Another problem, which our own research revealed, is that too often supervisors adopt a hands-off strategy. They expect interns to define and complete tasks independently.
While this may work for long-term or mature employees, it is unsuitable for most interns who are new to professional life. Interns typically have a shorter tenure, limited authority and less access to resources. This makes it difficult to complete complex tasks with little supervision. The lack of structure and guidance can also cause significant stress that weakens their learning and job performance.
And, finally, unstructured internships can alienate students who are already marginalized – particularly those who are first-generation, low-income or students of color. That’s because the lack of structure or supervision can make students feel overwhelmed, pushing them to seek guidance from family or friends. These students may not have family connections in prestigious or professional occupations and therefore lack support systems to deal with their challenging workplace situations.
Based on our research, we offer four strategies for designing effective and welcoming internships for college students.
1. Set clear learning goals
In order to ensure interns acquire new knowledge and skills, supervisors can establish both long-term and short-term learning goals. This is required in countries like France, where internships with companies are fully included in college curricula, but not in the U.S..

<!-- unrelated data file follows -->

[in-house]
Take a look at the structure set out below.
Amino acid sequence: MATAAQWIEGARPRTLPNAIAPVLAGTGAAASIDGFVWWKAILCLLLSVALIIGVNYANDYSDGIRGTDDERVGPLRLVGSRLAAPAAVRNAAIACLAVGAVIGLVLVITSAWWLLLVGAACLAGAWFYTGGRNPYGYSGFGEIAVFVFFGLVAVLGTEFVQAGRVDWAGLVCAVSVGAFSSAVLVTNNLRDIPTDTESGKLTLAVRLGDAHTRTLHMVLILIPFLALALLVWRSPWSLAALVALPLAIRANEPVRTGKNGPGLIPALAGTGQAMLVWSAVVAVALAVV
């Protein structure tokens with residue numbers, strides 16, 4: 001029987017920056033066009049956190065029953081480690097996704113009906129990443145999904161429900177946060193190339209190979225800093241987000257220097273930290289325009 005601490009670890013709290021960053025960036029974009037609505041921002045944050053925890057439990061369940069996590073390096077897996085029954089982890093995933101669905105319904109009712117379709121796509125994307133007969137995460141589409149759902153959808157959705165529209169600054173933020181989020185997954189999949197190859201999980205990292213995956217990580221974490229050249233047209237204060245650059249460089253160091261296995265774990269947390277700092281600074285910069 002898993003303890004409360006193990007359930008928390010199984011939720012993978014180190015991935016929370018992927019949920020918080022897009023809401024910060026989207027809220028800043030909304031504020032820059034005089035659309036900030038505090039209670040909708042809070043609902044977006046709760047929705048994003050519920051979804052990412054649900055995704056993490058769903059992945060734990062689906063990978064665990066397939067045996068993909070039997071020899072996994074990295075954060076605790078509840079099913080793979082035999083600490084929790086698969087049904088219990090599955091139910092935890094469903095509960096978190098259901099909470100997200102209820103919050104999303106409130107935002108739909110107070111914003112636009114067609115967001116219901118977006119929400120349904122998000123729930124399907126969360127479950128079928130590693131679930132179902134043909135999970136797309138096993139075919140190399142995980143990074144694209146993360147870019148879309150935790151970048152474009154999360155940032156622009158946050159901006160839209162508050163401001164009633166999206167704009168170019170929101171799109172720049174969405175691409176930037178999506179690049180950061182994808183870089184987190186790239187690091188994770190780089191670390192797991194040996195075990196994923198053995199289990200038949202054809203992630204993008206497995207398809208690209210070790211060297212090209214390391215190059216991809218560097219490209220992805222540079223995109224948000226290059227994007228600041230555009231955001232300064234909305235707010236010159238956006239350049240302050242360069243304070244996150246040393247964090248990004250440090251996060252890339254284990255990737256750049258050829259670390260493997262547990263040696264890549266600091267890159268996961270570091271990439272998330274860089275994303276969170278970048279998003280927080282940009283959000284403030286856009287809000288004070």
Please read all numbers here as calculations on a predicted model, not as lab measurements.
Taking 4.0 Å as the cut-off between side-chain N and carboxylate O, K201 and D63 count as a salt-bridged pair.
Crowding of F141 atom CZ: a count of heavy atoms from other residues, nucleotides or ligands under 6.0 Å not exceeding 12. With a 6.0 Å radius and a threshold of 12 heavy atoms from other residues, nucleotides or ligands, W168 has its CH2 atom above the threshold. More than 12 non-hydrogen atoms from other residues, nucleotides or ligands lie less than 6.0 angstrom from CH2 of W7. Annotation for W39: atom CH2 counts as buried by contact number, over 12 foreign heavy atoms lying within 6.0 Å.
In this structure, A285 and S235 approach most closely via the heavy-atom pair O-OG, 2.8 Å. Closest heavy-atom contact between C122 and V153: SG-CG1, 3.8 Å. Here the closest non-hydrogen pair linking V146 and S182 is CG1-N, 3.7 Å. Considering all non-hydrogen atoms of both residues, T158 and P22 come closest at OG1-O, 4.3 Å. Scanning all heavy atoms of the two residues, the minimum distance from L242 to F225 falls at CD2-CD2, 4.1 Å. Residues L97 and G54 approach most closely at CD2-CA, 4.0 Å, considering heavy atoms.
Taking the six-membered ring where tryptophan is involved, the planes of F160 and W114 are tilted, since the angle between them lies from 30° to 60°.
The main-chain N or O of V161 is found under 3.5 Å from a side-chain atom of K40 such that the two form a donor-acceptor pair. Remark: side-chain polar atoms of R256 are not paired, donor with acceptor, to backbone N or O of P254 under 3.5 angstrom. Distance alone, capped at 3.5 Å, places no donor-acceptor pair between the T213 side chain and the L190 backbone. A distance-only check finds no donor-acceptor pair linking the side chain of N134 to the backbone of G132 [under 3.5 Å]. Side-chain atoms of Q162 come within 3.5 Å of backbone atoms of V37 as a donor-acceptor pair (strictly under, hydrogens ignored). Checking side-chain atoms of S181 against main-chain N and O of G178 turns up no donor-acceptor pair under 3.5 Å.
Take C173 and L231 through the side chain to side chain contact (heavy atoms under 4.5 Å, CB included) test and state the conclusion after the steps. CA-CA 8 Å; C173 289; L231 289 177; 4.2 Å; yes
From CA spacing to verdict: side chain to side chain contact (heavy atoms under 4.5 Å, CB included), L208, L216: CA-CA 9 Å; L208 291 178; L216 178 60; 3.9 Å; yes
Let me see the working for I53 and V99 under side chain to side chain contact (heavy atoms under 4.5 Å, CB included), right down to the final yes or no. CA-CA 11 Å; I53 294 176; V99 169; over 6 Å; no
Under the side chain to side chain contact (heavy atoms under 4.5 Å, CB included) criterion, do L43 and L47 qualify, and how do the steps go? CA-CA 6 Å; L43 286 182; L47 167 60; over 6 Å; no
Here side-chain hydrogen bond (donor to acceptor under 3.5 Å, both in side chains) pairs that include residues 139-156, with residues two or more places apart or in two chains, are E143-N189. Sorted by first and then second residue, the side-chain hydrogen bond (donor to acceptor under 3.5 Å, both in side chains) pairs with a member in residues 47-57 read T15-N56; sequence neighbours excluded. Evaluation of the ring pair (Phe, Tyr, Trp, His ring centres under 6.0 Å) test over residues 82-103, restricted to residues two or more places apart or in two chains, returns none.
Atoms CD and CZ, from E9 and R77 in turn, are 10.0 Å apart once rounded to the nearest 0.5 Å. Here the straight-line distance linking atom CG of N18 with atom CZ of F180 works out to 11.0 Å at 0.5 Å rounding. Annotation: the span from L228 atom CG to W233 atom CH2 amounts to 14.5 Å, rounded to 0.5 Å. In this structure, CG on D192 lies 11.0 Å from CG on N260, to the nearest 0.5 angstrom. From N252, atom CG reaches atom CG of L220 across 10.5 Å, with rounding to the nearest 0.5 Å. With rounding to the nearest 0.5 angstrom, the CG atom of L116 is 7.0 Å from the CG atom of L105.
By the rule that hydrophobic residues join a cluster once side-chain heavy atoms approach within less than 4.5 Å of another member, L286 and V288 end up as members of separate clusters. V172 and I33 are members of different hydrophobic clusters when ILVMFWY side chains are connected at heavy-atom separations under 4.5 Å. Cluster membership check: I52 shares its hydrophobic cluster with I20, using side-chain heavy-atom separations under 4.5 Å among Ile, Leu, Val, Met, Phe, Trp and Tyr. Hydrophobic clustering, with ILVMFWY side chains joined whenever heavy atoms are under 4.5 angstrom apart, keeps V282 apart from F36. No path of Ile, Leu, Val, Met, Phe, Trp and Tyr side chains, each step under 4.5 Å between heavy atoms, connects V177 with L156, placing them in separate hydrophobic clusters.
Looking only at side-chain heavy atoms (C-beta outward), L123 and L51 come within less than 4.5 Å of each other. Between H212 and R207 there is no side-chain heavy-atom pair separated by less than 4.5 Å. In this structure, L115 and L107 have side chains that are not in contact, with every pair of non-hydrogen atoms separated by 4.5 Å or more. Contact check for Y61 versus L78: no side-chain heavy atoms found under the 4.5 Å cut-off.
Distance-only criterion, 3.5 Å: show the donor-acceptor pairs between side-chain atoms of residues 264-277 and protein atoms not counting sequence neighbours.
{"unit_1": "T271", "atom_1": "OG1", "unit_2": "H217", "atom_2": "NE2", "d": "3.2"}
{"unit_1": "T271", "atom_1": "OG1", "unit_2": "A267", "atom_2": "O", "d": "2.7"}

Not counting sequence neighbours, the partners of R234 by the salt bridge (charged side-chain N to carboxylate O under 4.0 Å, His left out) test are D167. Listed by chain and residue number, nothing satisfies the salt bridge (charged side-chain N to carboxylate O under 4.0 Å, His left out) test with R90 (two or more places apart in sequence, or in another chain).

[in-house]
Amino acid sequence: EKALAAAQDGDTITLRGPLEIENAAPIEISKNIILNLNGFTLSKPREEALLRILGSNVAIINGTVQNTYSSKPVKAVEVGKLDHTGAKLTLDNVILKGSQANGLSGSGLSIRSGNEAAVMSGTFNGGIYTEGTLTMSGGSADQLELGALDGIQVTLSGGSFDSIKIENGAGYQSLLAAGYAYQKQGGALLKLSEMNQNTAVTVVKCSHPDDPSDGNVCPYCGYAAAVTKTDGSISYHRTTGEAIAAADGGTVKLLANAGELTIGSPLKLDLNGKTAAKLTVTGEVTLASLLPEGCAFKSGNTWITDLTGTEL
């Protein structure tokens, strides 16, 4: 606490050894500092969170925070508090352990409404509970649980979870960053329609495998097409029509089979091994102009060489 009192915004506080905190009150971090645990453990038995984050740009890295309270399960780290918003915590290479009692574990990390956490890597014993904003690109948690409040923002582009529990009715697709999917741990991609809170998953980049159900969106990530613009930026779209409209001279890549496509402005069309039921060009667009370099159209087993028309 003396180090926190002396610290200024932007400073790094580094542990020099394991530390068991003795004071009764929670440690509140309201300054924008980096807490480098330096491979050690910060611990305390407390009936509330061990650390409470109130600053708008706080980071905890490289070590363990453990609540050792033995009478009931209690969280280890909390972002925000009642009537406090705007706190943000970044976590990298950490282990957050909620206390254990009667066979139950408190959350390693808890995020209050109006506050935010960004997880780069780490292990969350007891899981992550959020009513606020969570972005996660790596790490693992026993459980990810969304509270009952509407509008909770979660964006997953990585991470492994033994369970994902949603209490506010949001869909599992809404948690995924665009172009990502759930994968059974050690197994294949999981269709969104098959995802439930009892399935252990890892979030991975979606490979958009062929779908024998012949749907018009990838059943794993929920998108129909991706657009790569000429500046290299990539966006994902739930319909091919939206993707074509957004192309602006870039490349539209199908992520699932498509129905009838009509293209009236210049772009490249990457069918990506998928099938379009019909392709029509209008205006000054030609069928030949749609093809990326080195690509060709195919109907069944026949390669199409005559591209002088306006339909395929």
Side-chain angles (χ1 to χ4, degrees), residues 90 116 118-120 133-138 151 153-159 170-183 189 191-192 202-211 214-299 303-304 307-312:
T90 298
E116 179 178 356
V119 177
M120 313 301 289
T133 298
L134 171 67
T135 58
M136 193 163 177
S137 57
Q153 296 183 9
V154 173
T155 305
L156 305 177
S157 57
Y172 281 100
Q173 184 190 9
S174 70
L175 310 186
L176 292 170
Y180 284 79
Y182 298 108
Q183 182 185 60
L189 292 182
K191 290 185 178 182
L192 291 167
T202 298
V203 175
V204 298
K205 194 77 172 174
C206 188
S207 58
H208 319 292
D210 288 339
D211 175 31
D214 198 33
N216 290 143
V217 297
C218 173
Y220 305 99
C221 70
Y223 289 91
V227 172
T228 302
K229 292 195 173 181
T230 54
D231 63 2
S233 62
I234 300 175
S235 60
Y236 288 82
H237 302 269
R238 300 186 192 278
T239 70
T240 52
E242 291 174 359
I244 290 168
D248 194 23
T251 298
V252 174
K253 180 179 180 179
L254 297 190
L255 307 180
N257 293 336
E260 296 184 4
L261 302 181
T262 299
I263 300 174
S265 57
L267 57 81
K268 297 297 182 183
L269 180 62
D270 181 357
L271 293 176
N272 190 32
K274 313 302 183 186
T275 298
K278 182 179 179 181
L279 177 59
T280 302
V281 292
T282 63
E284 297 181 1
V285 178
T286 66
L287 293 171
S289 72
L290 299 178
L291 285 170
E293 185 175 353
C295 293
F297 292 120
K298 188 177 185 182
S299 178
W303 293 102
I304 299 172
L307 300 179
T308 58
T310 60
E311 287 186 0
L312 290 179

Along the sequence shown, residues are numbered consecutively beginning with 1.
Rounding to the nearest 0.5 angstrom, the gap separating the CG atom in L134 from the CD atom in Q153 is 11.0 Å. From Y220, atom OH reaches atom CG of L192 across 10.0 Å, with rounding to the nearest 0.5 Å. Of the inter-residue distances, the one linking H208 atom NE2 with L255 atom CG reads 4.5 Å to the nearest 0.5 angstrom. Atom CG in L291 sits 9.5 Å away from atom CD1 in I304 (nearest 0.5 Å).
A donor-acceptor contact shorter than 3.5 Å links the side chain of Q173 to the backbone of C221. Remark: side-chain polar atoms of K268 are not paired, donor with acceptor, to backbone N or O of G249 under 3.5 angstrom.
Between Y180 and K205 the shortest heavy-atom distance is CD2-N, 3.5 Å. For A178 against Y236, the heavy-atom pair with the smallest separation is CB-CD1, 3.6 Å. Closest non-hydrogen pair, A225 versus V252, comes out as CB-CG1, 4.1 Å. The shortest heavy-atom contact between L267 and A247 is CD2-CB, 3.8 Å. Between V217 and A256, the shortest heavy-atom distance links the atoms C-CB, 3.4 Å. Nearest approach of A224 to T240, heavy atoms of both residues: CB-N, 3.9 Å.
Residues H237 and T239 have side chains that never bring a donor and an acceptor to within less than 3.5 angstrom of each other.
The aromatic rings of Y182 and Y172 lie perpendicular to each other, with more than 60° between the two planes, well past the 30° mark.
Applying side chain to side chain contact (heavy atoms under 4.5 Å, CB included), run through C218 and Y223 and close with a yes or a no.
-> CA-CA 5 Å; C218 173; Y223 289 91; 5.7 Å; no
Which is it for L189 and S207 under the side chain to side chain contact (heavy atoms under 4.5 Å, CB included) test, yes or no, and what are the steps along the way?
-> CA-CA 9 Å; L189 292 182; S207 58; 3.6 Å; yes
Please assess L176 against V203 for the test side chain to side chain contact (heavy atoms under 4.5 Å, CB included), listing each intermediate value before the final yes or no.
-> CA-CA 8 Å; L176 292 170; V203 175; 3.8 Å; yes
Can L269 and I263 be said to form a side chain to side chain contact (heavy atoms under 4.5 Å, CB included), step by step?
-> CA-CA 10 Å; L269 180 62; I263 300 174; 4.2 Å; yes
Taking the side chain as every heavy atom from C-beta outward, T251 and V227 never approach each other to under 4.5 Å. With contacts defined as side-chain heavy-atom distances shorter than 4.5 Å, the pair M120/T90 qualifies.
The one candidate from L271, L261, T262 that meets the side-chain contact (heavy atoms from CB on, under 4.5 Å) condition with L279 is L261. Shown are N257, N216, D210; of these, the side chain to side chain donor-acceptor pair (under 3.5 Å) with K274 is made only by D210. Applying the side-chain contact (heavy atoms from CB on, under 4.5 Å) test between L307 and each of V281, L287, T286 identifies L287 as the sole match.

Learning goals can include specific tasks the intern will be expected to perform, technical knowledge they will gain and transferable skills like communication or teamwork that they should develop through the internship.
Ideally, they are developed in collaboration with faculty advisers, students and employers. We especially emphasize the importance of engaging students in these conversations. Different interns will likely have unique objectives for their own internship experience.
Documenting these goals using forms like this one from the University of Minnesota can help students discern where to concentrate and hone their skills during the internship.
2. Structure assignments from easy to hard
A well-known theory in educational psychology shows that people learn best when they are gradually introduced to new tasks or subject matters. In our own study, we found that interns also benefit from starting their jobs with easier tasks and gradually transitioning to tasks that require less oversight.